Singapore and Tokyo are on the cards for the launch of Cathay Pacific’s new regional business class in January next year.
The seat, which we profiled on its launch in Hong Kong earlier this month, represents a new approach to regional business class.
Its hybrid design borrows some elements from an angled lie-flat or ‘sloping sleeper’ seat and weaves them into the more conventional form of a recliner.
Toby Smith, Cathay’s General Manager, Product, tells Australian Business Traveller that the airline gearing up for a super-fast rollout of the new seat which will be retrofitted across Cathay’s regional Boeing 777 and Airbus A330 fleet.
“That will come into service starting in January 2013, and there’s just under a two-year roll out program, completing in late 2014” Smith says, with the seat slated for “short-haul flights – such as Singapore, Taipei, Kuala Lumpur and Tokyo."
It will also appear on some flights to India and the Middle East which route via Bangkok, although direct flights to India and the Middle East will get Cathay's new business class, with the rollout of that due by April 2013.
A Cathay Pacific spokesperson subsequently confirmed to Australian Business Traveller that Singapore, Tokyo and Osaka would be among the first to see flights with the new regional business class seats on upgraded Boeing 777s.
The refit of the Boeing 777s will continue throughout 2013, with the focus shifting to upgrading the Airbus A330s towards the tail end of the year. This will be followed in 2014 by delivery of new Airbus A330s with the seats factory-installed.
"Flatbed no, features yes" say travellers
“The average flying time of our regional flights is around three hours and the longest is five”, Smith explains, “and a flatbed is not required for that.”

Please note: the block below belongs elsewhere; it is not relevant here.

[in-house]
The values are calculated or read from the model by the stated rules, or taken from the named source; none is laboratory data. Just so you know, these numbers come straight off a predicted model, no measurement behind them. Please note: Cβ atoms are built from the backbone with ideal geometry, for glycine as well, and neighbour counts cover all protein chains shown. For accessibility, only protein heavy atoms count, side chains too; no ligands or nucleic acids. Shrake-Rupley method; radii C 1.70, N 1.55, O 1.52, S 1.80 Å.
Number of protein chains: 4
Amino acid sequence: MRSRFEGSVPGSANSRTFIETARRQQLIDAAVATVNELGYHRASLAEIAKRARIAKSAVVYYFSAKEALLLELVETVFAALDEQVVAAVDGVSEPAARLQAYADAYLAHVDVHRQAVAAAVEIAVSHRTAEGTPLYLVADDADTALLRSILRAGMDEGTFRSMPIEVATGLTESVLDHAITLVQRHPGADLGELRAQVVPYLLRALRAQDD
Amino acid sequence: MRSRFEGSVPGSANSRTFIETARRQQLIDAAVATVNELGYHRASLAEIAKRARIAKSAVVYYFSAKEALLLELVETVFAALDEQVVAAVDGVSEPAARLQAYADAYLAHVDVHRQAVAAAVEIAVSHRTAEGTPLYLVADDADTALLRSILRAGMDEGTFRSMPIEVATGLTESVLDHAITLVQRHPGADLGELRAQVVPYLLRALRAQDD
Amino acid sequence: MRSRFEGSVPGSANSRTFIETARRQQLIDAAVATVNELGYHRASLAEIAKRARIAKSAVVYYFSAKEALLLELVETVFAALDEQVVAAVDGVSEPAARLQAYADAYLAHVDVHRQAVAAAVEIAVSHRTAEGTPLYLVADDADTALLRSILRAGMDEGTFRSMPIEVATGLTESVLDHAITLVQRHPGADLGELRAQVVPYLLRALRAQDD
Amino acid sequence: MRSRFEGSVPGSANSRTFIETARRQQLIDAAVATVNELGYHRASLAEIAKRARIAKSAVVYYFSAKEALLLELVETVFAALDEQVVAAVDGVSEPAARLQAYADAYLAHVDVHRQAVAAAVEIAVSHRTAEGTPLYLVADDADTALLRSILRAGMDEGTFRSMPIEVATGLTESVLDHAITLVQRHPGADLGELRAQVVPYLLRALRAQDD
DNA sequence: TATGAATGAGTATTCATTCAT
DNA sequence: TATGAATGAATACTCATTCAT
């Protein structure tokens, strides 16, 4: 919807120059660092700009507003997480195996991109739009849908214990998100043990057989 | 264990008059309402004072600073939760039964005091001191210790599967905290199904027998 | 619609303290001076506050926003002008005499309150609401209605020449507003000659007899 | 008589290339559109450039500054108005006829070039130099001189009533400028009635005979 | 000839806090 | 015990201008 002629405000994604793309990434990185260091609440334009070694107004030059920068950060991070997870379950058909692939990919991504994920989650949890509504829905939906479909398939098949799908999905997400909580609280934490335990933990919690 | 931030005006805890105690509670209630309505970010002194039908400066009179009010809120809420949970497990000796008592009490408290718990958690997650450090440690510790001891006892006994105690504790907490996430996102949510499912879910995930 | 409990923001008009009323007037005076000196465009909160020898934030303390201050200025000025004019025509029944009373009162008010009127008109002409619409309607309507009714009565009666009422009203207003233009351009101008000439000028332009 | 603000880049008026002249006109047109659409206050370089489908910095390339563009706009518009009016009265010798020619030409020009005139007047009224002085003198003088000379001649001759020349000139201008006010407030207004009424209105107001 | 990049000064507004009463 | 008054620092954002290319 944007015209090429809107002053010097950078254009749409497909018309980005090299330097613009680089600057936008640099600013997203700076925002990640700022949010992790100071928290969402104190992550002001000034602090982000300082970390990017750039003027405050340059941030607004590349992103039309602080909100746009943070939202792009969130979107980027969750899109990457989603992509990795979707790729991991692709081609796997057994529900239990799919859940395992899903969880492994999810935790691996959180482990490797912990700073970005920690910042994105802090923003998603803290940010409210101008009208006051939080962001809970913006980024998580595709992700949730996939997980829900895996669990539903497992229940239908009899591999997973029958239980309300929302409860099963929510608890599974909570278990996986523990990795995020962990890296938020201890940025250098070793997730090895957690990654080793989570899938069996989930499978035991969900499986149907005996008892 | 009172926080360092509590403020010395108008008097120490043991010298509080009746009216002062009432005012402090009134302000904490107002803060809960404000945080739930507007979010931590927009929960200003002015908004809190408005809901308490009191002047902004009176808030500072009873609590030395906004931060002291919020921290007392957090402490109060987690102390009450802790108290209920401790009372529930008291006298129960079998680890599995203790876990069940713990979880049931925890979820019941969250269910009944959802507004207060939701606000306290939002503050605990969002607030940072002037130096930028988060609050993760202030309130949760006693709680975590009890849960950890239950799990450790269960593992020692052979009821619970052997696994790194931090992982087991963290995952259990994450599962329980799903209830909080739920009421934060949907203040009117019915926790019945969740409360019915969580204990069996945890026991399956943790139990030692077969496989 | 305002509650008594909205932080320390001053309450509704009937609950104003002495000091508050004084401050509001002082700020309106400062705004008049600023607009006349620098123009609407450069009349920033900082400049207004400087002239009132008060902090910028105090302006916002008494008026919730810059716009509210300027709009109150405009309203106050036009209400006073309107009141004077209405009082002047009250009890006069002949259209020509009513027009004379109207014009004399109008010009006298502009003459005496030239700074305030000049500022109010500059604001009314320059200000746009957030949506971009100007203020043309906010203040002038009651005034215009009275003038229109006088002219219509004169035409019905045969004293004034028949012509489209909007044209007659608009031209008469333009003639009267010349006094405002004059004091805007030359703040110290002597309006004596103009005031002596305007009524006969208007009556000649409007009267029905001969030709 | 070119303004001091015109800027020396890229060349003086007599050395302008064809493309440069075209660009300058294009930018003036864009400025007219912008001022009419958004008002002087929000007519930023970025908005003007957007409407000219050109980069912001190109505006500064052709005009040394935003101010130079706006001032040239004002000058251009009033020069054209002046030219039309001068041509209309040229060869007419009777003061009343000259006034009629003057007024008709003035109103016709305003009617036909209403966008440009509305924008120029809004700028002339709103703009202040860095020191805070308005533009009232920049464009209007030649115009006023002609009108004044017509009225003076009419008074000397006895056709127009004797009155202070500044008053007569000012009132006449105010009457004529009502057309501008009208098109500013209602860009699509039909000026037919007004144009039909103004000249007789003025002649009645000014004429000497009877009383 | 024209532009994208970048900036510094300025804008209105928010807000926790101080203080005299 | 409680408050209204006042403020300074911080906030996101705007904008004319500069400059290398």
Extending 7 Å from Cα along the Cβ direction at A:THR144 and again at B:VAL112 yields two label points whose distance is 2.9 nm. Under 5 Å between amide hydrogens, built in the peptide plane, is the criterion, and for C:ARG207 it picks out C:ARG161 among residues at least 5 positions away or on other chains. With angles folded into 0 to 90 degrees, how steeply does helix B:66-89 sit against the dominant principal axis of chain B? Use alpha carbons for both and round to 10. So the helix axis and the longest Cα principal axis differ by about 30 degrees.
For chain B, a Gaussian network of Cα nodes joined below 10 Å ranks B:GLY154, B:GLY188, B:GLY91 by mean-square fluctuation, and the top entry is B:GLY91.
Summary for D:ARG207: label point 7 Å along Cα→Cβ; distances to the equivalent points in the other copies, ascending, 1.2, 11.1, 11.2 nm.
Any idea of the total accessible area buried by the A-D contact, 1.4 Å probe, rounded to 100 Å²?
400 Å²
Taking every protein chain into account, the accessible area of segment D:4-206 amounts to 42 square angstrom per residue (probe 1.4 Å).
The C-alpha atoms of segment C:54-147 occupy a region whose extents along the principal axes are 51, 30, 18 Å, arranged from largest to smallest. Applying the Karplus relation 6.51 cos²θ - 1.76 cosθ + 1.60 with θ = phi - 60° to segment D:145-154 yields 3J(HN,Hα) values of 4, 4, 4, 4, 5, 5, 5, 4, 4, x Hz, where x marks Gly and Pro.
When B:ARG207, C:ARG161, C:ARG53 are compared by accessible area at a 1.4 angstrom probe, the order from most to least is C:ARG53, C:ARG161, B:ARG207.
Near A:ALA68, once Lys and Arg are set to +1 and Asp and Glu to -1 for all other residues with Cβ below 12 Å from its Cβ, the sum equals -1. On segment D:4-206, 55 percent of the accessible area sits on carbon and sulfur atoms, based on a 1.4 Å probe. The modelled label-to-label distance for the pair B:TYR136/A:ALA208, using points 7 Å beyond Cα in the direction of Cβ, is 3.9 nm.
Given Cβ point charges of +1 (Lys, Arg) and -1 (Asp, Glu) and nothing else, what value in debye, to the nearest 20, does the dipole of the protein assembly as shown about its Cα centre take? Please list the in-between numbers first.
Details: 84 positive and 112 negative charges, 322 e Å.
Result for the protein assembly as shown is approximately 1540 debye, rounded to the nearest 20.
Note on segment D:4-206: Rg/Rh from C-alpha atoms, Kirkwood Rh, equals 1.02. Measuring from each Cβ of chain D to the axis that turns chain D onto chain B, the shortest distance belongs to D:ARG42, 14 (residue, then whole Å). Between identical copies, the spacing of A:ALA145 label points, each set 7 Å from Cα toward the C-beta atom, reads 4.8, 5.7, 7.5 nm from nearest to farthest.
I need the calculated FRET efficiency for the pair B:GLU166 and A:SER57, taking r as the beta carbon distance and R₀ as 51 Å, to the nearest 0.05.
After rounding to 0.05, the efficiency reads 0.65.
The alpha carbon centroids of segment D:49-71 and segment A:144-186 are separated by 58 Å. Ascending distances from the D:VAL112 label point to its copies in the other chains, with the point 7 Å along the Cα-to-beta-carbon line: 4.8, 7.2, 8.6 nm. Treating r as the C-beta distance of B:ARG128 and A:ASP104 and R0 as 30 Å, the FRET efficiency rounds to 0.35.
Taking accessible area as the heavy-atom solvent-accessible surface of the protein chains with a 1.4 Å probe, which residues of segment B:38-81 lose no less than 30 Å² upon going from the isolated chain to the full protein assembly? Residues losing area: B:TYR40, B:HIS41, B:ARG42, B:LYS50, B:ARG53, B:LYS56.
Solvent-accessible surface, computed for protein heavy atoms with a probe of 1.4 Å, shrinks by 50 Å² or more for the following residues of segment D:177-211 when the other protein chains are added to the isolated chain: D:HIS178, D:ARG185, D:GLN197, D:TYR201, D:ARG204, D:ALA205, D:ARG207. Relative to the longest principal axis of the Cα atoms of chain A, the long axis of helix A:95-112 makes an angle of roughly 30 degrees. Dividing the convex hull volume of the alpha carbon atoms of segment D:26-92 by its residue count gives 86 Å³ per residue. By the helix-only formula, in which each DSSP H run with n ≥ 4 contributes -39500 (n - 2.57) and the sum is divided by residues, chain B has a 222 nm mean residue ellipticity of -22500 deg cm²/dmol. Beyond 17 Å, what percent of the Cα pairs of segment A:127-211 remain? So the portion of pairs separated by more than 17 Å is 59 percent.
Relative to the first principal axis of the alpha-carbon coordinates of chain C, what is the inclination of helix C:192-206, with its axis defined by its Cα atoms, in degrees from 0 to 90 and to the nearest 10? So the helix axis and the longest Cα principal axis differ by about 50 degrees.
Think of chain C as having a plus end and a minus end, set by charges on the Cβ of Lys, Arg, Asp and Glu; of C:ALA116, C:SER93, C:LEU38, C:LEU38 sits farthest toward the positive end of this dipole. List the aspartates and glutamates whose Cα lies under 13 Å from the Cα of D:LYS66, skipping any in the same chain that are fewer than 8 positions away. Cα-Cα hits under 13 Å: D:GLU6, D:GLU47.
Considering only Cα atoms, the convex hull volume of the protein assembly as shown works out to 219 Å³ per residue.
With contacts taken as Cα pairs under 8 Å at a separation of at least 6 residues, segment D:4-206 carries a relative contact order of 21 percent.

In fact, Smith says that feedback from passengers was that a lie-flat bed was not a priority for regional business class.
“We followed a similar process with our long-haul business class in terms of intensive and extensive passenger research and trialling of mock-ups, including input from Marco Polo Club members” Smith says.
The overwhelming response, he recalls, was clear: travellers “told us they didn’t want a flatbed.”
“What they wanted was a bit more personal space in a more comfortable seat, a good working space, better AV, more personal storage and iPod-iPad connectivity.”
The Recarro Comfort Line 5510 seat chosen by and customised for Cathay Pacific certainly ticks all those boxes.
The fixed shell design protects your space from the recline of the passenger in front, with a moulded shell providing 45-47” of pitch or for keeping your laptop bag handy during the flight.
The fold-down tray table is quite wide (at just over 20 inches) and deep (14.5 inches), with a CX premium economy-style cocktail table for both passengers in the centre armrest.
Adjacent to the 12.1 inch video screen is a USB port to keep your travel tech charged up plus a multi-pin video plug which can pipe video from your iPhone or iPod onto the seatback screen.
(This requires a special adaptor cable which the Cathay cabin crew will have on hand, although we suggest frequent flyers buy their own and add it to their carry-on travel kit – Griffin's eXport will do the trick.)
Every passenger also gets their own laptop power supply courtesy of a universal AC port.
The seat itself swings into uber-relaxation ‘lazy-Z’ mode by combining the 36 degree recline with the extendable legrest’s 60 degree upswing, with both settings able to be fine-tuned using independent electronic controls.
At 21” wide from edge to edge of the cushion, with a little extra wiggle-room under each armrest, travellers shouldn’t feel squashed on even the longest short-haul trek.
The deep literature pocket in the centre console will help get magazines, books and even smaller tablets out of the way – especially if you dump all of the CX-supplied bumpf into the overhead bin.
About David Flynn
David Flynn is the editor of Australian Business Traveller and a bit of a travel tragic with a weakness for good coffee, shopping and lychee martinis.